New Sanford clinic ups ante on rivalry with Avera
A new Sanford clinic has opened in the Highland Mall in Mitchell, creating the health system's third facility in the city.
Sanford Clinic Mitchell will provide obstetrics and gynecology services, including annual exams, pregnancy and high-risk pregnancy care, infertility, menopausal management and birth-control options. The clinic opened last Friday.
Dr. Ronald Anderson will lead the clinic after previously working at Dakota Women's Clinic on Avera Queen of Peace's Mitchell campus. Anderson leased space for the clinic from the hospital. He will have four staff members at the Sanford clinic.
Dan Blue, president of Sanford Clinic Sioux Falls, said in a press release that combining Anderson's expertise with the backing of the health system's support made perfect sense.
"It will further advance care for the people in the Mitchell community," he said.
Anderson is at least the second independent, local physician to join Sanford for a new venture in the past few years.
Dr. Christine Arnold, who was formerly with Pediatrics Plus on the Avera campus, works at Sanford Children's Clinic at 1200 S. Burr St. It opened in May 2007.
Four Sanford specialists also work at an outreach neurosciences clinic at 708 E. Kay Ave.
The opening of another Sanford health-care site intensifies the competition between Sanford and Avera in providing health care in the Mitchell area. It also provides proof of Sanford President and CEO Kelby Krabbenhoft's statement in 2007 that the health system had plans for further expansion in Mitchell.
The rivalry was particularly felt three years ago when Mitchell native and NBA star Mike Miller donated $1 million to the Sanford Children's Hospital in Sioux Falls.
Tom Rasmusson, Avera Queen of Peace Hospital CEO, disputed the notion that an additional Sanford clinic in Mitchell fuels the rivalry between the two health systems and said it does not mean that Sanford will be more competitive in the Mitchell market.
"That can be fought out in Sioux Falls, not in Mitchell," he said.
The addition of another clinic brings choice closer to home for patients in the Mitchell area, according to Blue.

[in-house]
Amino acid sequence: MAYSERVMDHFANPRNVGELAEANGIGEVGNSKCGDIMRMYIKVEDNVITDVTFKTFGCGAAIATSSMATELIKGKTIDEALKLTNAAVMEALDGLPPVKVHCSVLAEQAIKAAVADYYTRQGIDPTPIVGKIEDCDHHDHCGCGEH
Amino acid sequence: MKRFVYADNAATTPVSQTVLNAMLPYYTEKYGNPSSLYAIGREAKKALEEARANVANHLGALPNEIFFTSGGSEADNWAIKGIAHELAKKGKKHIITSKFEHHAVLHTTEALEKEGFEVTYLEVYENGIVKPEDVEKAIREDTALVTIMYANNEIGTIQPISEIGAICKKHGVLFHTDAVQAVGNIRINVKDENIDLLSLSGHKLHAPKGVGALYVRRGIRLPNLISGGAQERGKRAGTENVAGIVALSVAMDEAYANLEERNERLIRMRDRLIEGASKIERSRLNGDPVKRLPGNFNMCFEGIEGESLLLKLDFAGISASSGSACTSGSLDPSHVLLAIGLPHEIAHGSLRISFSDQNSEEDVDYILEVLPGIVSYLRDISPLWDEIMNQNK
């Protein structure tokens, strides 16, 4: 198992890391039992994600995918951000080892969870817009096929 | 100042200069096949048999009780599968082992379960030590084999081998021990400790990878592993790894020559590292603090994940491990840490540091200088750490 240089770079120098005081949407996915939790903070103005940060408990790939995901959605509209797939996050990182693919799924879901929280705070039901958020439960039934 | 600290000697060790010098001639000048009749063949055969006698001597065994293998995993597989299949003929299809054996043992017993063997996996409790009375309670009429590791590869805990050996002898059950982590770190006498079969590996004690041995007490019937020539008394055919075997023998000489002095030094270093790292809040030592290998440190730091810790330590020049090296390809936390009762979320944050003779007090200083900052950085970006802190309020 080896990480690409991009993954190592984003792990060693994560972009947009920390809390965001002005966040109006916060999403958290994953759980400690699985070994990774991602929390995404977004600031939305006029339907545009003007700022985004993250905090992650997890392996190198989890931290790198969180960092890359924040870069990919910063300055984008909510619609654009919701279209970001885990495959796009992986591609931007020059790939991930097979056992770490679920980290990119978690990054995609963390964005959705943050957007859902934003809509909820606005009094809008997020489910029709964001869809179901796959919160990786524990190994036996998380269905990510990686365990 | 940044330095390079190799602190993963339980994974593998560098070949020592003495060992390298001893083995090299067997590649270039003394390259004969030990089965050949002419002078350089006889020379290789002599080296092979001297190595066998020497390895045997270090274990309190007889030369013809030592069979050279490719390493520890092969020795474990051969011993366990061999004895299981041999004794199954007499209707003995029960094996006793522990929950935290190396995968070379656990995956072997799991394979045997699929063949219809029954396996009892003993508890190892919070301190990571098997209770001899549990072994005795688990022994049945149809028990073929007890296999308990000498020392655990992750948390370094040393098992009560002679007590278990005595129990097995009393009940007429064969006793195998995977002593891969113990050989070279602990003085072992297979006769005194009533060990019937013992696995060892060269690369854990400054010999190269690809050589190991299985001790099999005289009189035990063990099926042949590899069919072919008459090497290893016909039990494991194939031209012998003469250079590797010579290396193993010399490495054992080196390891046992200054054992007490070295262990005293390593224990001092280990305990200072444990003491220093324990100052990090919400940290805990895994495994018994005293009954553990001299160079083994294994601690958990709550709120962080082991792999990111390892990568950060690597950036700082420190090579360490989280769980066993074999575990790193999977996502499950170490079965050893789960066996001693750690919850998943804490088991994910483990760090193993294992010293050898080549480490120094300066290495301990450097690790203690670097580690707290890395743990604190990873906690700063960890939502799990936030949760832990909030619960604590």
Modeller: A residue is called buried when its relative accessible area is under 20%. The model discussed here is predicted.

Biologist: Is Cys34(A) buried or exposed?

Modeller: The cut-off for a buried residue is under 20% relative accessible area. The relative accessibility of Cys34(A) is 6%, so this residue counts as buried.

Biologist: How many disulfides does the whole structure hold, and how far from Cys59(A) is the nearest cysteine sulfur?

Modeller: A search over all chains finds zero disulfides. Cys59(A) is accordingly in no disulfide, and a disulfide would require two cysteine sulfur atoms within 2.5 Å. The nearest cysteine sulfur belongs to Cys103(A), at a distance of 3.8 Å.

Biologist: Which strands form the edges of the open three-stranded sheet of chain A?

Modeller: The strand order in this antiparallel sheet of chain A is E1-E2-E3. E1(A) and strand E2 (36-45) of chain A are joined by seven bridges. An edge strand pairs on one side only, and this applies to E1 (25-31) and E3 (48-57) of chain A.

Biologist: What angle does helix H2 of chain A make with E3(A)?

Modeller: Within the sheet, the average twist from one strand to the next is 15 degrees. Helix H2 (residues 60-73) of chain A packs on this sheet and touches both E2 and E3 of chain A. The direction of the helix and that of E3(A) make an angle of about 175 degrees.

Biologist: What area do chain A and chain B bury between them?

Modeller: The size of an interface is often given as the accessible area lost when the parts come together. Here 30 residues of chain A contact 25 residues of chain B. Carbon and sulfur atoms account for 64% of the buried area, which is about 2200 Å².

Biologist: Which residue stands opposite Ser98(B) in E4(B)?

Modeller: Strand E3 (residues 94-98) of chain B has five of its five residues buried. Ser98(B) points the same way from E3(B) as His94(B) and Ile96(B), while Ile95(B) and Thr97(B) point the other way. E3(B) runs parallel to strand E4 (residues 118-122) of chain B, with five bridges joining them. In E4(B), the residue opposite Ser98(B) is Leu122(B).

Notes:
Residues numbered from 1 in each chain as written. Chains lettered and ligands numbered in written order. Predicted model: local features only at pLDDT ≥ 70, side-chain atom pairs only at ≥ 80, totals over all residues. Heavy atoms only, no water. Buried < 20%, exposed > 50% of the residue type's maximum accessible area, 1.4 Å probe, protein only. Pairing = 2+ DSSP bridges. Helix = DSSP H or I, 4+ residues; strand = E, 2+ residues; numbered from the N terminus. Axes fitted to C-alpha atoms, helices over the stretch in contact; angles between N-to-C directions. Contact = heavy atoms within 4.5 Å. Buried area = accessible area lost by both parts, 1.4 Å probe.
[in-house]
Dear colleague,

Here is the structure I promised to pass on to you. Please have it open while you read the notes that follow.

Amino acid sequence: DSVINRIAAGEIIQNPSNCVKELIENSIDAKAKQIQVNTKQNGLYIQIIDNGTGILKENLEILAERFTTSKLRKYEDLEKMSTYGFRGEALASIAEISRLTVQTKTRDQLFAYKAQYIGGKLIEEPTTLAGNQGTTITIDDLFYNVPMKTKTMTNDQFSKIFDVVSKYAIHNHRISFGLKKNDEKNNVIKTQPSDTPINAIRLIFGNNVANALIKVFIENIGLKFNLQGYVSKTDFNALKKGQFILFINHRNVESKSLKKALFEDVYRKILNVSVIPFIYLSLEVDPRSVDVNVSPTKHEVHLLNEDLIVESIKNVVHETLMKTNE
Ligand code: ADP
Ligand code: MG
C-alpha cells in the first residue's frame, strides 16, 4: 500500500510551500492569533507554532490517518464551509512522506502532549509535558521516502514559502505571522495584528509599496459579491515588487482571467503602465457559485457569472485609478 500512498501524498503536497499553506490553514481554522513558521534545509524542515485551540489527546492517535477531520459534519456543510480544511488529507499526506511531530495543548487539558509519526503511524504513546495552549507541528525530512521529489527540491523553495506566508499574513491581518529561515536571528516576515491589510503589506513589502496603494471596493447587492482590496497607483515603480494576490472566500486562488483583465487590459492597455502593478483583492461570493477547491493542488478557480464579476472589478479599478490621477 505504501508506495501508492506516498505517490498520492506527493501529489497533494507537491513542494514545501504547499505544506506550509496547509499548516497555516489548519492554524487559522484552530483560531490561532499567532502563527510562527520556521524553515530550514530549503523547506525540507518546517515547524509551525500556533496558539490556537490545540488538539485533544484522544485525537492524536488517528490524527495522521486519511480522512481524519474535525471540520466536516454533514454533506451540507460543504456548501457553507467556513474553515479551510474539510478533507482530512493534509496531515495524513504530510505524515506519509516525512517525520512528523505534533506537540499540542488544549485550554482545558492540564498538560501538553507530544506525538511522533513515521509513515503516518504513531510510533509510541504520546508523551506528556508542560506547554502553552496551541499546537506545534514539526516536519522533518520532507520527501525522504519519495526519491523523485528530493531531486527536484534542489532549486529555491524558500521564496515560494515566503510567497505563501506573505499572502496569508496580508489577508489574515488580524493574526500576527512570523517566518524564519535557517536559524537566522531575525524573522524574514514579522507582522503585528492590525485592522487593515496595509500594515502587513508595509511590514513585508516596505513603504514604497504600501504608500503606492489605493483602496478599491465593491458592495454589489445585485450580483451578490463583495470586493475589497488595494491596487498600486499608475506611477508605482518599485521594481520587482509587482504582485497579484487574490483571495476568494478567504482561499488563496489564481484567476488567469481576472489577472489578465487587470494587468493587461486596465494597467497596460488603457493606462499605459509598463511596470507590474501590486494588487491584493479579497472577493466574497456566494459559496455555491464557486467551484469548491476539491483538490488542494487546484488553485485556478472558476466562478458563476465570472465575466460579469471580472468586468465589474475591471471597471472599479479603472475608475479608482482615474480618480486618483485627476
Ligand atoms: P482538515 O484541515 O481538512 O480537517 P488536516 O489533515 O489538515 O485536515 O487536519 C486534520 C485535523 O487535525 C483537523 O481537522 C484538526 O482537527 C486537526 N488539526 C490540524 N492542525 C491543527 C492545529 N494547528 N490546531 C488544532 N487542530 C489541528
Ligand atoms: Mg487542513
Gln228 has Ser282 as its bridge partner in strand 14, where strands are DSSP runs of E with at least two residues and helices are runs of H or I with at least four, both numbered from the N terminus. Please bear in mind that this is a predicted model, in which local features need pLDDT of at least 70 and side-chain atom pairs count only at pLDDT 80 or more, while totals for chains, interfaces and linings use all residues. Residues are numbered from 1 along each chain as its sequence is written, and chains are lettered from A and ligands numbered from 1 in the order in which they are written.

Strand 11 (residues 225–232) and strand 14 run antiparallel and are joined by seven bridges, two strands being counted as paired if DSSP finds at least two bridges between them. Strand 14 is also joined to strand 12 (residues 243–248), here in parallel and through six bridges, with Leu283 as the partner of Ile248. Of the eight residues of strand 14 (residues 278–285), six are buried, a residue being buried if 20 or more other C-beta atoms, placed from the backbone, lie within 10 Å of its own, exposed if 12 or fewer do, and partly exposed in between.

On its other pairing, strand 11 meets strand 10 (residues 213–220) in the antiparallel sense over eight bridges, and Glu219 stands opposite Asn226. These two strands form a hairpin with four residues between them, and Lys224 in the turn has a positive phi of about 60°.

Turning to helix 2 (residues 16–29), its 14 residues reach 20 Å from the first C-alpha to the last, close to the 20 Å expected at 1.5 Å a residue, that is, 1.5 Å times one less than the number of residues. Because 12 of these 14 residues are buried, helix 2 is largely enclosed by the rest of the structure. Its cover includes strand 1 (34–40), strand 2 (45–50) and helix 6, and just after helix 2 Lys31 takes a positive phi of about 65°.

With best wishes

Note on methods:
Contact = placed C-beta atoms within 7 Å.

"I don't think it fuels anything in a negative way," he said. "I think that competition in general is a good thing and keeps us all at our highestperforming level."
Rasmusson said Avera had tried to enter into an agreement with Anderson, with negotiations starting in July 2007.
"We tried to work out a contract and just were not able to," he said, declining to elaborate on the details. "We were disappointed ... because we thought we had a marketcompetitive offer. Apparently they got a better offer."
Anderson contacted Sanford a couple years ago about forming a clinic in Mitchell, Blue said, adding that Sanford officials picked up on that after noticing the quality of Anderson's work and practice.
"It went from the introduction to recruiting process," Blue said.
He noted there's a trend of independent physicians signing on with health systems.
"Lots of physicians in private, independent practice see the need for them to affiliate with a larger system," Blue said. "In doing so, it's not uncommon that they contact both systems."
When Blue worked as a family practice physician, he said patients from Mitchell asked him when Sanford would expand to the city.
"In the case of Dr. Arnold and Dr. Anderson, they see great value in what Sanford is about and our organization," he said.
Rasmusson said Anderson will maintain his privileges at Avera Queen of Peace Hospital.
"I'm sure he will still admit his patients there, deliver babies there and do surgeries there," he said of Anderson.
Drs. Michael Krause and Liz Campbell will maintain their OB/GYN practices on the Avera campus, Rasmusson said.
Sanford's partnership with Anderson, who has been serving Mitchell for more than 20 years, will result in several improvements for patients, such as further stability and the resources needed to continue high-quality medical care, according to Sanford.
The market will dictate how much further Sanford will expand its reach in Mitchell, Blue said. For now, the health system will continue to expand its outreach of specialists to the area, he said.